Container gardening is becoming increasingly popular for small properties and larger open gardens or decks where a raised planter provides a focal point and pleasant architectural relief. Planters or raised beds with open bottoms allow you to control soil conditions depending on your plants' requirements. A raised, deeper planter is also perfect for layered plantings of bulbs and perennials. And with a planter, it's easy to change the contents from flowering plants to herbs, for example, as your tastes and needs change. Raised planters or beds are also easier to plant and tend to, a real benefit for anyone with bad knees or backs.
The container planter in our project is made from cedar. Pressure treated wood is fine for flowering plants but should not be used if you plan to grow vegetables. Different sized planters can be constructed using the same construction detail. For example, make a taller planter by adding to the leg length and installing brace pieces between them. The length and width of the planter can be adjusted by changing the length of the rails. The depth of soil in the planter can also be adjusted by placing layers of Styrofoam on the floor of the planter.
What's In Store
- 4" x 4" cedar, 8 ft
- 5/4" x 6" cedar, 30 ft
- 1" x 6" cedar, 30 ft
- 2" x 2" cedar, 8 ft
- #8 3" deck screws 2182-818
- #8 1-1/2" deck screws 2182-952
- 3/8" dowel 2624-235
- landscape fabric 5010-445
- sandpaper 1230-956
- mitre saw 1347-037
- power drill #8 bit driver 1239-733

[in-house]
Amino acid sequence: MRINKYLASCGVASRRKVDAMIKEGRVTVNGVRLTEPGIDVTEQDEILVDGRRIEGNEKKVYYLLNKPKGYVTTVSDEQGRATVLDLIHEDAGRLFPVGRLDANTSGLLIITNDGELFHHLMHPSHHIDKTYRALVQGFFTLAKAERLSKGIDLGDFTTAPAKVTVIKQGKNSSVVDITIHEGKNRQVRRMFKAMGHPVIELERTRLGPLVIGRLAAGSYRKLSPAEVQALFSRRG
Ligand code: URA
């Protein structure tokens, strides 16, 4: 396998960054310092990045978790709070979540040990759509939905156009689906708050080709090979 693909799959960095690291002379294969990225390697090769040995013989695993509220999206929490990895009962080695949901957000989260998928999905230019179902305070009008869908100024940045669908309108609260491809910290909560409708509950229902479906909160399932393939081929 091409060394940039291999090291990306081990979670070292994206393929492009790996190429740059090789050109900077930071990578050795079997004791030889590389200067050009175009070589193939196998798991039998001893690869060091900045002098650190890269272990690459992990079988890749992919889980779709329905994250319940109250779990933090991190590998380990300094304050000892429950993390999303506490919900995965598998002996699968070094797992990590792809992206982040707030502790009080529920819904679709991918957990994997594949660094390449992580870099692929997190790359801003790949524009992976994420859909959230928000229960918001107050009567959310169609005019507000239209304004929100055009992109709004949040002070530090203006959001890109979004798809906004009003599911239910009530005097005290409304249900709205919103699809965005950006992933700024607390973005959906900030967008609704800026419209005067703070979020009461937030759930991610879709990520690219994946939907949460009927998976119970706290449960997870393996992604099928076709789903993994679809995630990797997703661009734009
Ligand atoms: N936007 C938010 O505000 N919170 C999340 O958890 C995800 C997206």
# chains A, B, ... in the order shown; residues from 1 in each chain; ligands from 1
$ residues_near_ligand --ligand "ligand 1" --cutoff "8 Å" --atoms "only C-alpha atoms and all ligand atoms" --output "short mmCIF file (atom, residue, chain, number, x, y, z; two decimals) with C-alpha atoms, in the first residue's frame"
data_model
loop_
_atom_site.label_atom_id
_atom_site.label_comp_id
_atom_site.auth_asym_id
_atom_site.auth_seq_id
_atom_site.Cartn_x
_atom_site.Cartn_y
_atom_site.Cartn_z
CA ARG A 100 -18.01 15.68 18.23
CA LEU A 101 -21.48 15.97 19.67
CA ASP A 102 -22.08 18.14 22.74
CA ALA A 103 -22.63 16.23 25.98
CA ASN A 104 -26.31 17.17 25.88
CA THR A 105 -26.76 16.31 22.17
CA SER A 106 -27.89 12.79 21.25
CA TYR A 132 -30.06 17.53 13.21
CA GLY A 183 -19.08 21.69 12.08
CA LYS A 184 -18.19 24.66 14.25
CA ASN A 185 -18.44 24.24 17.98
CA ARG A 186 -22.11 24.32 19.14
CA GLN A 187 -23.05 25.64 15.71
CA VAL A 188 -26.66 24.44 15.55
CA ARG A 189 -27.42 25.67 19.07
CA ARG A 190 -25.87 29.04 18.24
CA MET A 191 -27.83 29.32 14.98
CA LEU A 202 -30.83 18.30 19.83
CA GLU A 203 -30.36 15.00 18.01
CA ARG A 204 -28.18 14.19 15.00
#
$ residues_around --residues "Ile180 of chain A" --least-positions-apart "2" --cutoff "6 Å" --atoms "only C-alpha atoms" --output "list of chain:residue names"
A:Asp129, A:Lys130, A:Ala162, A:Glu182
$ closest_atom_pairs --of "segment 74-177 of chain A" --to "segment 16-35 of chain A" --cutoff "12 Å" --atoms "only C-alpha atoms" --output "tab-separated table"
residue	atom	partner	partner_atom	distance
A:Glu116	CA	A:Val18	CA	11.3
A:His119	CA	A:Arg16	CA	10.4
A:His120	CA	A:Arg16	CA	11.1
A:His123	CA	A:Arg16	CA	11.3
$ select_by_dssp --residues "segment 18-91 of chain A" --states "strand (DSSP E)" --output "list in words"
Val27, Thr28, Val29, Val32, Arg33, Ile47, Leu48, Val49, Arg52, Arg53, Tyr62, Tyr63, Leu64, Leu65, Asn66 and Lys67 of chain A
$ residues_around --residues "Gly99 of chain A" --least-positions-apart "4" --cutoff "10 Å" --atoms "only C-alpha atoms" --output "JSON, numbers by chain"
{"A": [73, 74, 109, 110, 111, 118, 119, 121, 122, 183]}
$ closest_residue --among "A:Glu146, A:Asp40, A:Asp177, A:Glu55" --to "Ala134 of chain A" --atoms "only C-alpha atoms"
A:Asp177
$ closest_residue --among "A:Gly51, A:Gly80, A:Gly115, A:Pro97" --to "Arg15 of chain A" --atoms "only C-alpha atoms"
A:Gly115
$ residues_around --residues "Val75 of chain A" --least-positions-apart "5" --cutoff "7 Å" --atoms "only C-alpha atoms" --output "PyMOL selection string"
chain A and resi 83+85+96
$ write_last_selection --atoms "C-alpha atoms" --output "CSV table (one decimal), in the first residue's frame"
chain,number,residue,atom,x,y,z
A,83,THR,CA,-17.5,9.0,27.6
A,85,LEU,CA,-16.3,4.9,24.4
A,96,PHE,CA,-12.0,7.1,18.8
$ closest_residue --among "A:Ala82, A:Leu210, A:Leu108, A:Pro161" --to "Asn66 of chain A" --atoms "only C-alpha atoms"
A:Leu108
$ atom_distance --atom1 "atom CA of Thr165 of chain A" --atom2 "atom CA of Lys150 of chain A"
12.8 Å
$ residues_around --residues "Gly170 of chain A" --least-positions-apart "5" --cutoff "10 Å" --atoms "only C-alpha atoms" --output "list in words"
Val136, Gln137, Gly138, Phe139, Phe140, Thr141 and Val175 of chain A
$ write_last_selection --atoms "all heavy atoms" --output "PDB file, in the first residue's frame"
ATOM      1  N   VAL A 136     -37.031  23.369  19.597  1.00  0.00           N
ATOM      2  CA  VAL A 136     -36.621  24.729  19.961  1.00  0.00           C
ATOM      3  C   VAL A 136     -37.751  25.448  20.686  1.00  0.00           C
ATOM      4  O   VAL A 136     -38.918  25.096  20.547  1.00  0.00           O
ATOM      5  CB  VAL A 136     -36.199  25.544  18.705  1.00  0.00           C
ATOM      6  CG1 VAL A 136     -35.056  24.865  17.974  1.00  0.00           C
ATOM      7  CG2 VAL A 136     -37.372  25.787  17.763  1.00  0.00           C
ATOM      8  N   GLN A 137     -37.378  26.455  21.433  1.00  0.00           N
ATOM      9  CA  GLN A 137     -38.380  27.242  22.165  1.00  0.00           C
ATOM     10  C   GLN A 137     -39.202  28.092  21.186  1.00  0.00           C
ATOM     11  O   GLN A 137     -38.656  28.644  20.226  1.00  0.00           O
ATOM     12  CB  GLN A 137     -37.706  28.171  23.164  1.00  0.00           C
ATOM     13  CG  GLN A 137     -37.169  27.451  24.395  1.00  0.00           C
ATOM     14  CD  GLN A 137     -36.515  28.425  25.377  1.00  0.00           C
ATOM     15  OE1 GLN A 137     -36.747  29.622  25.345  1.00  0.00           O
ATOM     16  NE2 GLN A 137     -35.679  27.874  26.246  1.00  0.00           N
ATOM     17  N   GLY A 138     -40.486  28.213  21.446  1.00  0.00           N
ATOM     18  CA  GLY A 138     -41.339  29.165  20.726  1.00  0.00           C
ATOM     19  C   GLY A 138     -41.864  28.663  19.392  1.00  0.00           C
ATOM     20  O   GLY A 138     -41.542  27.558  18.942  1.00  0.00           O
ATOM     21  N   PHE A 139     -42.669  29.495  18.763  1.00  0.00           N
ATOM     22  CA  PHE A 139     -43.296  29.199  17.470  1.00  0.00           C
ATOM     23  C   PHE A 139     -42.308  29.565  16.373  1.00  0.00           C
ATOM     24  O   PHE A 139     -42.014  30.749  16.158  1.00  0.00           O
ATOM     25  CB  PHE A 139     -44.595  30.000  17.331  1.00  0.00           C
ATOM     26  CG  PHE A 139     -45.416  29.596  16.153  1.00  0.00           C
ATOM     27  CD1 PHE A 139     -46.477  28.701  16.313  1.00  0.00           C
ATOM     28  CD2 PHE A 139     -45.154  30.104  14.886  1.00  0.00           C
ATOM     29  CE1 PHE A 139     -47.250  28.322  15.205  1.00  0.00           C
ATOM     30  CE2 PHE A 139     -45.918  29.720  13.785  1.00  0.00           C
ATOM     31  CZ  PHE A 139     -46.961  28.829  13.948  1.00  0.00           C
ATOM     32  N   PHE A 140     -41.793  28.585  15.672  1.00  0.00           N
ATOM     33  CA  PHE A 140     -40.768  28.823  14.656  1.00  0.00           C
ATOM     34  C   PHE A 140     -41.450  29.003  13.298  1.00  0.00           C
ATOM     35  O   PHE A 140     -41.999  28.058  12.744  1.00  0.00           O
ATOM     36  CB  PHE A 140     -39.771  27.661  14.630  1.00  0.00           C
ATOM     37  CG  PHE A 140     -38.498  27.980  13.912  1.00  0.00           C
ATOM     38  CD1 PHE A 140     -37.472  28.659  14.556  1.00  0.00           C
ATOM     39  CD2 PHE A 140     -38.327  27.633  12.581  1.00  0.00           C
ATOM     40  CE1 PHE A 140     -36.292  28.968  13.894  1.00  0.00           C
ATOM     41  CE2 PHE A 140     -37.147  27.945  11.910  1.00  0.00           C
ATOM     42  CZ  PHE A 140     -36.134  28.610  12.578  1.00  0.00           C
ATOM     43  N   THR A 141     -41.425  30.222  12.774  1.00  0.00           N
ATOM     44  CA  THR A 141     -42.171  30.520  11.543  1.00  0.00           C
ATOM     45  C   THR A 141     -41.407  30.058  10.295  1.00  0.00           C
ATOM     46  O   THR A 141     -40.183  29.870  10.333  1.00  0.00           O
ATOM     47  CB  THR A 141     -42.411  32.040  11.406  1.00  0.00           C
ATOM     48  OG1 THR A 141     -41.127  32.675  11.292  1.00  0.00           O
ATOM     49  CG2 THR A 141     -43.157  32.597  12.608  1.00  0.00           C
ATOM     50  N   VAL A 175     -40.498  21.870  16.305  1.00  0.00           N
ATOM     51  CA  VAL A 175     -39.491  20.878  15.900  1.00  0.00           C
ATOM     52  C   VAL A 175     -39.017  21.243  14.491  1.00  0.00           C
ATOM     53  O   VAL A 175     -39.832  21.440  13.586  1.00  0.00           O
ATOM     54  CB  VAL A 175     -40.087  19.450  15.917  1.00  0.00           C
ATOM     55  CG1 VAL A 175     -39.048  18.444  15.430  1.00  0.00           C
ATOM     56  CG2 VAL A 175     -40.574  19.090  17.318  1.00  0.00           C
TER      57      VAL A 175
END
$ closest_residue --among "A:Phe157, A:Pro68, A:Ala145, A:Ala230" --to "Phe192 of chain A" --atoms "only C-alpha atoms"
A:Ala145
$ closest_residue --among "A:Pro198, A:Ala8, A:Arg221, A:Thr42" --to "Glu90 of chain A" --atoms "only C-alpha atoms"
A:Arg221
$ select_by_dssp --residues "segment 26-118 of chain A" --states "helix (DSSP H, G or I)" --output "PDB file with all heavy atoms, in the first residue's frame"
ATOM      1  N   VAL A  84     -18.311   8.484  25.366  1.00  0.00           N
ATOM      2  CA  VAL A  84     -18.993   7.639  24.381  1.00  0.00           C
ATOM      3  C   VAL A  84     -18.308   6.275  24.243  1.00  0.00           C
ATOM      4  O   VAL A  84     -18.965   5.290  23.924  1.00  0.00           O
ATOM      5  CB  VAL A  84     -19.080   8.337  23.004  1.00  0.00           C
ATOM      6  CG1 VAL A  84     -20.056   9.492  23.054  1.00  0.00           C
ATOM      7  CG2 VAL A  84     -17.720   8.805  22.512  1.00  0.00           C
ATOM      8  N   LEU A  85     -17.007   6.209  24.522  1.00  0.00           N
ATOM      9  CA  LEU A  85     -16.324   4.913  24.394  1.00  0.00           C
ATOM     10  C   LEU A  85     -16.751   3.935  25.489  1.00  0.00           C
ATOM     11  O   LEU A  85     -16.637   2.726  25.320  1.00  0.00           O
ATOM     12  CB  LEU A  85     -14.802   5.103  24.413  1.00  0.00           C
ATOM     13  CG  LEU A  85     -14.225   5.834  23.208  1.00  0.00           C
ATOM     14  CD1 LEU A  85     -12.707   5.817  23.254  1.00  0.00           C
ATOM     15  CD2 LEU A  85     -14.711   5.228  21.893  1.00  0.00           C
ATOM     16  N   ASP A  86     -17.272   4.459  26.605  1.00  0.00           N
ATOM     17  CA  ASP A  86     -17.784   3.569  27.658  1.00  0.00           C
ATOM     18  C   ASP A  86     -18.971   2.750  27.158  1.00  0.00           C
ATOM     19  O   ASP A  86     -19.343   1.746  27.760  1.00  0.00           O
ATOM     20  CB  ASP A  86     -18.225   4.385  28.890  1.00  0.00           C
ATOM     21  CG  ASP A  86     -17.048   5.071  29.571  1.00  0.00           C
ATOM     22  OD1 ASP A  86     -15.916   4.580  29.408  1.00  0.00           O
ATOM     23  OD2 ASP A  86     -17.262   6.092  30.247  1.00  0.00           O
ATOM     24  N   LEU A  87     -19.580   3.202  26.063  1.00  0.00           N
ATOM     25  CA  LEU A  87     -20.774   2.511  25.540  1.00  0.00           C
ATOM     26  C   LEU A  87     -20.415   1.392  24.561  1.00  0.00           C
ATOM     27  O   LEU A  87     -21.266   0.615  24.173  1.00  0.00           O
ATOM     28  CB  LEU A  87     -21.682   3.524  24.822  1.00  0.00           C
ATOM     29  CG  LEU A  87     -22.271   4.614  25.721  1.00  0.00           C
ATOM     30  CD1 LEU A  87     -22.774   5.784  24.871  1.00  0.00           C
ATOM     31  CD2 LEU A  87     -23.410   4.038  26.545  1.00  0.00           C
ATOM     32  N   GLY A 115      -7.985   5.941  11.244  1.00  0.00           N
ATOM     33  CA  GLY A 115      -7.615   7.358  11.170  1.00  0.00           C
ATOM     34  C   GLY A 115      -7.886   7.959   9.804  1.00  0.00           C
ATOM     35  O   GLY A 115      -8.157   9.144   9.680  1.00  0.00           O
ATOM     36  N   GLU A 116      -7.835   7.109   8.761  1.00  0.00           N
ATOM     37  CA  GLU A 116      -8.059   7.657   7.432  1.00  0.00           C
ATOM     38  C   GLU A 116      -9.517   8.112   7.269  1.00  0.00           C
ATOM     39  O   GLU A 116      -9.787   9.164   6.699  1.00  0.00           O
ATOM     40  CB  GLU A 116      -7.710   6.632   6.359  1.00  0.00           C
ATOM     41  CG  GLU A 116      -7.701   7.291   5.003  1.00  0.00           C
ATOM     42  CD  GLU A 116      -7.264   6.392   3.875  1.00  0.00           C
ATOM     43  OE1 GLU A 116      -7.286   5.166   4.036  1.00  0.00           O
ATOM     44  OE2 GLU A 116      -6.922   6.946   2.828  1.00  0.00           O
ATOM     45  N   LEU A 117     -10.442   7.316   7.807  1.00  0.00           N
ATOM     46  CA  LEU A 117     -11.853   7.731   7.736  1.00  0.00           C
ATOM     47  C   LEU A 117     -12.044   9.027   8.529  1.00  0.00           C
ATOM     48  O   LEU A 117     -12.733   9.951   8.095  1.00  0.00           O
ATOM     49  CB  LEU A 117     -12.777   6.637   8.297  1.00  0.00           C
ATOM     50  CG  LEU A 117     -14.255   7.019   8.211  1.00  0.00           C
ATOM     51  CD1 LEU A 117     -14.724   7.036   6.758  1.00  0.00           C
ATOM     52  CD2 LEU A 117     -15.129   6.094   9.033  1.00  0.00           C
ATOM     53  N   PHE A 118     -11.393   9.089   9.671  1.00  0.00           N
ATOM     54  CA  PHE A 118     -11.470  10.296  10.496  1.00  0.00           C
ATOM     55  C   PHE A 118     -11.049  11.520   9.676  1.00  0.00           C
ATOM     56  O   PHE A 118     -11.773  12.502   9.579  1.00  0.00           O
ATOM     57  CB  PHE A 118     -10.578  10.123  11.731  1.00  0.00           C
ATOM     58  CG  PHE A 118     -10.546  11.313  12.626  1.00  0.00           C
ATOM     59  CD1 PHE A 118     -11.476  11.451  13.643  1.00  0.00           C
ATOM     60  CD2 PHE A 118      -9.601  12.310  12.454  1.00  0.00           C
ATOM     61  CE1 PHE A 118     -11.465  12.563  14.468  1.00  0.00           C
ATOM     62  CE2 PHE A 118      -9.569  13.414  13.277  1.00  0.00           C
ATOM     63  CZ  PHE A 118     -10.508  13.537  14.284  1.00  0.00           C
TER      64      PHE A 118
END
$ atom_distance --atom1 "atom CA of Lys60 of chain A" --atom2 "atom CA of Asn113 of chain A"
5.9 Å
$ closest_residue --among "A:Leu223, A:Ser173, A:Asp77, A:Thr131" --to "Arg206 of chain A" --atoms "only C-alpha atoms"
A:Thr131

- hammer 1030-306
- measuring tape 1048-716
- sander 1262-369
- 3/8" drill bit 1214-359
Step By Step
- Cut the corner legs, the upper and lower rails, top trim, post caps, floor pieces, floor supports and the vertical siding pieces to length.
- Refer to the diagram, and mark the locations for the screws on the four legs.
- Using a 3/8" drill bit, drill holes at the screw locations half-way through the 4" x 4" leg pieces in order for the 3" screws to be countersunk to half the thickness of the 4" x 4". A piece of masking tape, or a mark 1-1/2" from the drill tip, will help to gauge the depth of the holes. A drill press is ideal here.
- Mark the locations for the rails on the legs.
- Clamp one set of rails to the legs and fasten with 3" deck screws. Repeat for the other three sides.
- Attach the vertical siding using 1-5/8" deck screws. Keep the siding flush with the top rails.
- Attach the 2" x 2" floor support pieces to the bottom of the siding using 3" deck screws. Install the floor pieces, leaving 1/2" between them for drainage, and attach with 1-5/8" deck screws.
- Attach the top trim pieces using 1-5/8" deck screws, and the four post caps.
- From 3/8" dowel, cut pieces 1" in length, and tap them into the drilled holes in the legs flush with the surface.
- Line the box with landscape fabric using a staple gun.
- Sand and finish with a good quality outdoor finish of your choice.